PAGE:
Zinc Deficiency May Be Linked to Alzheimer’s
Scientists have struggled to unravel the mystery of Alzheimer’s disease for decades. The brain disease is characterized by loss of memory, confusion, dementia, and eventually death. Technically, Alzheimer’s is only diagnosed after death, by examining the brain. Autopsy invariably reveals that certain proteins in the brain have clumped together, damaging brain cells and severely interfering with brain function. The manner in which proteins are folded determines their ability to function; alterations in the way certain proteins are folded is a hallmark of the disease.
Many theories have been proposed to explain the causes of Alzheimer’s. At one time, investigators feared that aluminum somehow plays a role. That theory has fallen out of favor, but no one is certain. Now, however, scientists at the University of Wisconsin-Madison say they’ve identified another metallic element that may play a key role in Alzheimer’s: zinc. But it’s not too much zinc that causes problems, say researchers. It’s too little.
Zinc is an essential trace element that’s integral to many different proteins in the body. It’s important for proper immune system function, for instance. The Wisconsin scientists say that too little zinc may be responsible for the development of Alzheimer’s, because zinc enables certain proteins to hold their functional shapes. Inadequate zinc may allow these proteins to collapse, and clump together.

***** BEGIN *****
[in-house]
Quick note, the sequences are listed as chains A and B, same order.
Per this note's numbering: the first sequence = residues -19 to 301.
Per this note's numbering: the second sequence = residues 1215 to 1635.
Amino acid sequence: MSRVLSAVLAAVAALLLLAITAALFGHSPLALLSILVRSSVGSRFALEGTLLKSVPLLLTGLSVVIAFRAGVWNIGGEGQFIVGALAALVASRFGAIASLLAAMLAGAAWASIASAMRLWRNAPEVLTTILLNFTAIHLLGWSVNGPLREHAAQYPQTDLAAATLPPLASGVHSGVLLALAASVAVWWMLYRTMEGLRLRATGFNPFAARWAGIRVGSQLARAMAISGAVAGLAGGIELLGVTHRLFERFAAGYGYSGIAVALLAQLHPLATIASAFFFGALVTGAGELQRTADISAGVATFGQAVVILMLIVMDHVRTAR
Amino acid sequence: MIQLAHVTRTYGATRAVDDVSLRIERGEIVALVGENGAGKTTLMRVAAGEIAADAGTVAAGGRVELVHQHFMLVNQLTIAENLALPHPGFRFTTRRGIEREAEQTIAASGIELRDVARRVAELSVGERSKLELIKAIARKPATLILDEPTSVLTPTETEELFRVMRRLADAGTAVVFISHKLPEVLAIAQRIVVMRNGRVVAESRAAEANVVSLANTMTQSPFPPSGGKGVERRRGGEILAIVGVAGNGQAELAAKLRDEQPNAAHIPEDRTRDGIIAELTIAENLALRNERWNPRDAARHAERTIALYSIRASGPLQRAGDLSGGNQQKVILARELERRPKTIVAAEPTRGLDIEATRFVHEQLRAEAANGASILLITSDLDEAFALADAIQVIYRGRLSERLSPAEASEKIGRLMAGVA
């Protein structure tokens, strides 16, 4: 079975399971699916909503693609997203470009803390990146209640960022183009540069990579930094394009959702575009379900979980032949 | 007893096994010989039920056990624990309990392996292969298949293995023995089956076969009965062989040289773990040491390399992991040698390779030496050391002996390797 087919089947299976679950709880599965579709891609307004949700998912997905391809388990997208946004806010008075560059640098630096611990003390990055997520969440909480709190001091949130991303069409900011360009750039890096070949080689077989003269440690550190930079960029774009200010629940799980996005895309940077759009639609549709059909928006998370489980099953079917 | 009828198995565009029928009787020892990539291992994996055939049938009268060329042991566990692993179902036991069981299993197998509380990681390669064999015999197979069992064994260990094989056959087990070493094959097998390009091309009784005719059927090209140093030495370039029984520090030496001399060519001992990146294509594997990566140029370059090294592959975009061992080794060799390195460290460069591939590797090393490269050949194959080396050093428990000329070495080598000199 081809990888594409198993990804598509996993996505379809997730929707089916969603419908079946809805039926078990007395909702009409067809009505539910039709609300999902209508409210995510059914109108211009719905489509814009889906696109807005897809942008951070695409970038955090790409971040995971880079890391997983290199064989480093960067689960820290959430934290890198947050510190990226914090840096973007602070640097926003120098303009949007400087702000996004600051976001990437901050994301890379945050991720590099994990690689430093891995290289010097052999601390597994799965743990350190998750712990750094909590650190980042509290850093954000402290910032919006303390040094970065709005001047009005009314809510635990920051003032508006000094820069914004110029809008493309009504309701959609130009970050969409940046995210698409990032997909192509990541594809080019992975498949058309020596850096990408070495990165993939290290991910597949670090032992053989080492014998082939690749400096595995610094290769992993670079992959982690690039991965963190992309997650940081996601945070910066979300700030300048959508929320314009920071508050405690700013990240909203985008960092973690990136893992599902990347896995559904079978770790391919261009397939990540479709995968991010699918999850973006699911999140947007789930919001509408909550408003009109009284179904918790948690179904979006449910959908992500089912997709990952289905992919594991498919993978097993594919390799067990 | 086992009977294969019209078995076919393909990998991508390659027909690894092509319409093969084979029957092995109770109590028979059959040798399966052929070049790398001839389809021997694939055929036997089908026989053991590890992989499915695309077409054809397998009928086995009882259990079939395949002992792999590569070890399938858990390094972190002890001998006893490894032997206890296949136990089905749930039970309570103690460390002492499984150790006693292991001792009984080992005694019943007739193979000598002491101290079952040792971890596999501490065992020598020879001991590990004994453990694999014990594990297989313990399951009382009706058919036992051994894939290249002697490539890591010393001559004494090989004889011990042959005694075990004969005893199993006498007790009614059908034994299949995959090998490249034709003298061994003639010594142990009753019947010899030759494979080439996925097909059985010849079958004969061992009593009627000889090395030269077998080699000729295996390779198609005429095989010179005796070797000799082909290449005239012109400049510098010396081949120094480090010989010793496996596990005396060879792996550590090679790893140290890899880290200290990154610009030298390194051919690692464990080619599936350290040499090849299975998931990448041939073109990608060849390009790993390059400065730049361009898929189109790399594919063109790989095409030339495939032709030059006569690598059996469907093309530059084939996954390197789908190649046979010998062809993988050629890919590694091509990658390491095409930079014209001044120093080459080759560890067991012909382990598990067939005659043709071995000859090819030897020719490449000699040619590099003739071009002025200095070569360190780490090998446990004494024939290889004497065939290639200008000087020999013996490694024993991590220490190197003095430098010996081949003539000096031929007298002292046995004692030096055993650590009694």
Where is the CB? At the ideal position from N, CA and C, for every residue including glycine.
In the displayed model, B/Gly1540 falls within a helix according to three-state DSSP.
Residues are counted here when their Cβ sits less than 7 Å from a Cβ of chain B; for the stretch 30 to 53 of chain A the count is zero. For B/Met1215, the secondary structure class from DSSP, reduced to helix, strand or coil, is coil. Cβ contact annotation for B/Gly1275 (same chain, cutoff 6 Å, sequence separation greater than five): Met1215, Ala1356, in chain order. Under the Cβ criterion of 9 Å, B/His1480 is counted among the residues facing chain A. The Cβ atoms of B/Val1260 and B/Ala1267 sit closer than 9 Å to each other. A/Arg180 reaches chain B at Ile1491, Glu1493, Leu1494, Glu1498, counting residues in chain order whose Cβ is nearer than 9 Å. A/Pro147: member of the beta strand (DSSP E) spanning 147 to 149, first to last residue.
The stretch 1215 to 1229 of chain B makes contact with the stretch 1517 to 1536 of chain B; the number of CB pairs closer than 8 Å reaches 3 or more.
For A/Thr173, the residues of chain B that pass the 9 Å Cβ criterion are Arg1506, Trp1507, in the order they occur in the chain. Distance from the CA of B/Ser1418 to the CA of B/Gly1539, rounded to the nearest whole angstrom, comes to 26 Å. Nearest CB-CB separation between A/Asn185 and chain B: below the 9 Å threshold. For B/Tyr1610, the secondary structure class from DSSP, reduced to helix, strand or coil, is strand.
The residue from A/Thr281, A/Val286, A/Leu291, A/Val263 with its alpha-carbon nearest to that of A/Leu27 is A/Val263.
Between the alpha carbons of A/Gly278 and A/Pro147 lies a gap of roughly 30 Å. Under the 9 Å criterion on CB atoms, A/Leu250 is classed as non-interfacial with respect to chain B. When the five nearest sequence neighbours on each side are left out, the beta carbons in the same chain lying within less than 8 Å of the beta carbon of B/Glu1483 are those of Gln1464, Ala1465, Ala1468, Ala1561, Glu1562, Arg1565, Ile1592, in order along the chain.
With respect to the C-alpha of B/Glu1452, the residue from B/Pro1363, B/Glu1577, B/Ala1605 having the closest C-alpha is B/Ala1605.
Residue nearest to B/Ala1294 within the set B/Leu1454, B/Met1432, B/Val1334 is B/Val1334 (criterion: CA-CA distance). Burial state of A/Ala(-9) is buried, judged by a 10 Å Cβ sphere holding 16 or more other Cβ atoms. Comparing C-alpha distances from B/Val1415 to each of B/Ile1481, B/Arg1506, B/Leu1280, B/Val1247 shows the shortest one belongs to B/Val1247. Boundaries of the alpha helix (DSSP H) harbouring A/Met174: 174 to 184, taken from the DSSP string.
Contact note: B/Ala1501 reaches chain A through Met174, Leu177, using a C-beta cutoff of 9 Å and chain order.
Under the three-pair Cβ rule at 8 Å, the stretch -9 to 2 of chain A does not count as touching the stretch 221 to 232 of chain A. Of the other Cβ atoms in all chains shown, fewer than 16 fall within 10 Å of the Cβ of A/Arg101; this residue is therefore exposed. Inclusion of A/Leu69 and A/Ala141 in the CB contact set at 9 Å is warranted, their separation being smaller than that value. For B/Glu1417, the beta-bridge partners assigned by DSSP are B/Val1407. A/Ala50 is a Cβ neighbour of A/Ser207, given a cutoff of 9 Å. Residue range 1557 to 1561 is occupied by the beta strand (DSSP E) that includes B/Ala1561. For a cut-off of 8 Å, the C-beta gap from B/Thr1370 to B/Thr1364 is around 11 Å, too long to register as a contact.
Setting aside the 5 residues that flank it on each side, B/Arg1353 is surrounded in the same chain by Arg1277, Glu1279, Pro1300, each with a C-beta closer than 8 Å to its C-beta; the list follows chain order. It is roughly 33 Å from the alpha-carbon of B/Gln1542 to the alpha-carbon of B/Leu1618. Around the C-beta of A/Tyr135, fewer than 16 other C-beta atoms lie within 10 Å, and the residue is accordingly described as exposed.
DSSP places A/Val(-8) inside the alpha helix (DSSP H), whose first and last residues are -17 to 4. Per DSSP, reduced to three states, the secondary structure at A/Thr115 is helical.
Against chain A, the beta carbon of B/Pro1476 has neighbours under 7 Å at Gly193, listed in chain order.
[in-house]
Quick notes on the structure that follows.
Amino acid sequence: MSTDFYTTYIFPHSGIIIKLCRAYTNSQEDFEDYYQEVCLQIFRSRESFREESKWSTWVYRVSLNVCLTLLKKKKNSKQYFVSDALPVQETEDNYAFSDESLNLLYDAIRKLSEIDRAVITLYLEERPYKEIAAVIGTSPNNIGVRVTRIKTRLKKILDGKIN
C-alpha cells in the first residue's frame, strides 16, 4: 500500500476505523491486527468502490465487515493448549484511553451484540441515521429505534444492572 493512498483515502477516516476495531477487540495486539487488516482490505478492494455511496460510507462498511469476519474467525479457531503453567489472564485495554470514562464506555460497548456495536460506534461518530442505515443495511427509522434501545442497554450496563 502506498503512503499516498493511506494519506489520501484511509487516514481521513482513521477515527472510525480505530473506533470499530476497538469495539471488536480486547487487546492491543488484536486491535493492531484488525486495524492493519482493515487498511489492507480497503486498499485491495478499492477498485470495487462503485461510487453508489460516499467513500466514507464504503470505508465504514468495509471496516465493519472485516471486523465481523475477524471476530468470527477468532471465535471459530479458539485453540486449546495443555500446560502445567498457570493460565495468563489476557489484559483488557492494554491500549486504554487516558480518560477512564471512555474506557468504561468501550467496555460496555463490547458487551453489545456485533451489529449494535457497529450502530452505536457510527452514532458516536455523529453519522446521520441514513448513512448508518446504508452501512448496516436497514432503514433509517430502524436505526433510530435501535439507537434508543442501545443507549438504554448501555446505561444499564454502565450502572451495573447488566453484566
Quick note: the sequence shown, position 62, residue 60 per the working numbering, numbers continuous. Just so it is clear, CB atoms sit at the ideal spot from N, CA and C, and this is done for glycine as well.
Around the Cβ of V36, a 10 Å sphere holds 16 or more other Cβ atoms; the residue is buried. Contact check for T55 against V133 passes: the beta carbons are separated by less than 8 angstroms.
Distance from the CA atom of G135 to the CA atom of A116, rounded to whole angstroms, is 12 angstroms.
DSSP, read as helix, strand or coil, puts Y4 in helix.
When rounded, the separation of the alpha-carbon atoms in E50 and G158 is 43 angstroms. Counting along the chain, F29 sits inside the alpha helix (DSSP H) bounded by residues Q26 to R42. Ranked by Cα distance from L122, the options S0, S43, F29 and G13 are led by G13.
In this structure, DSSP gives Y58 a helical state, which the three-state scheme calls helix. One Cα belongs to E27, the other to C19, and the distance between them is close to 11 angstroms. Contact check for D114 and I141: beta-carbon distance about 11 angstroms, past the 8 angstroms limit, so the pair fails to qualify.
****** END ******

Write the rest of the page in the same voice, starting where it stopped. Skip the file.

Good dietary sources of zinc include red meat, poultry, nuts, seafood (oysters, crab and lobsters) and beans. The body can’t store zinc, so you need some every day. If you’re vegetarian, please note that you may require more dietary zinc than non-vegetarians, because it’s more difficult for the body to absorb vegetarian sources of the mineral.
Macdiarmid CW, Taggart J, Kerdsomboon K, Kubisiak M, Panascharoen S, Schelble K, et al. Peroxiredoxin chaperone activity is critical for protein homeostasis in zinc-deficient yeast. J Biol Chem. 2013 Sep 10. [Epub ahead of print]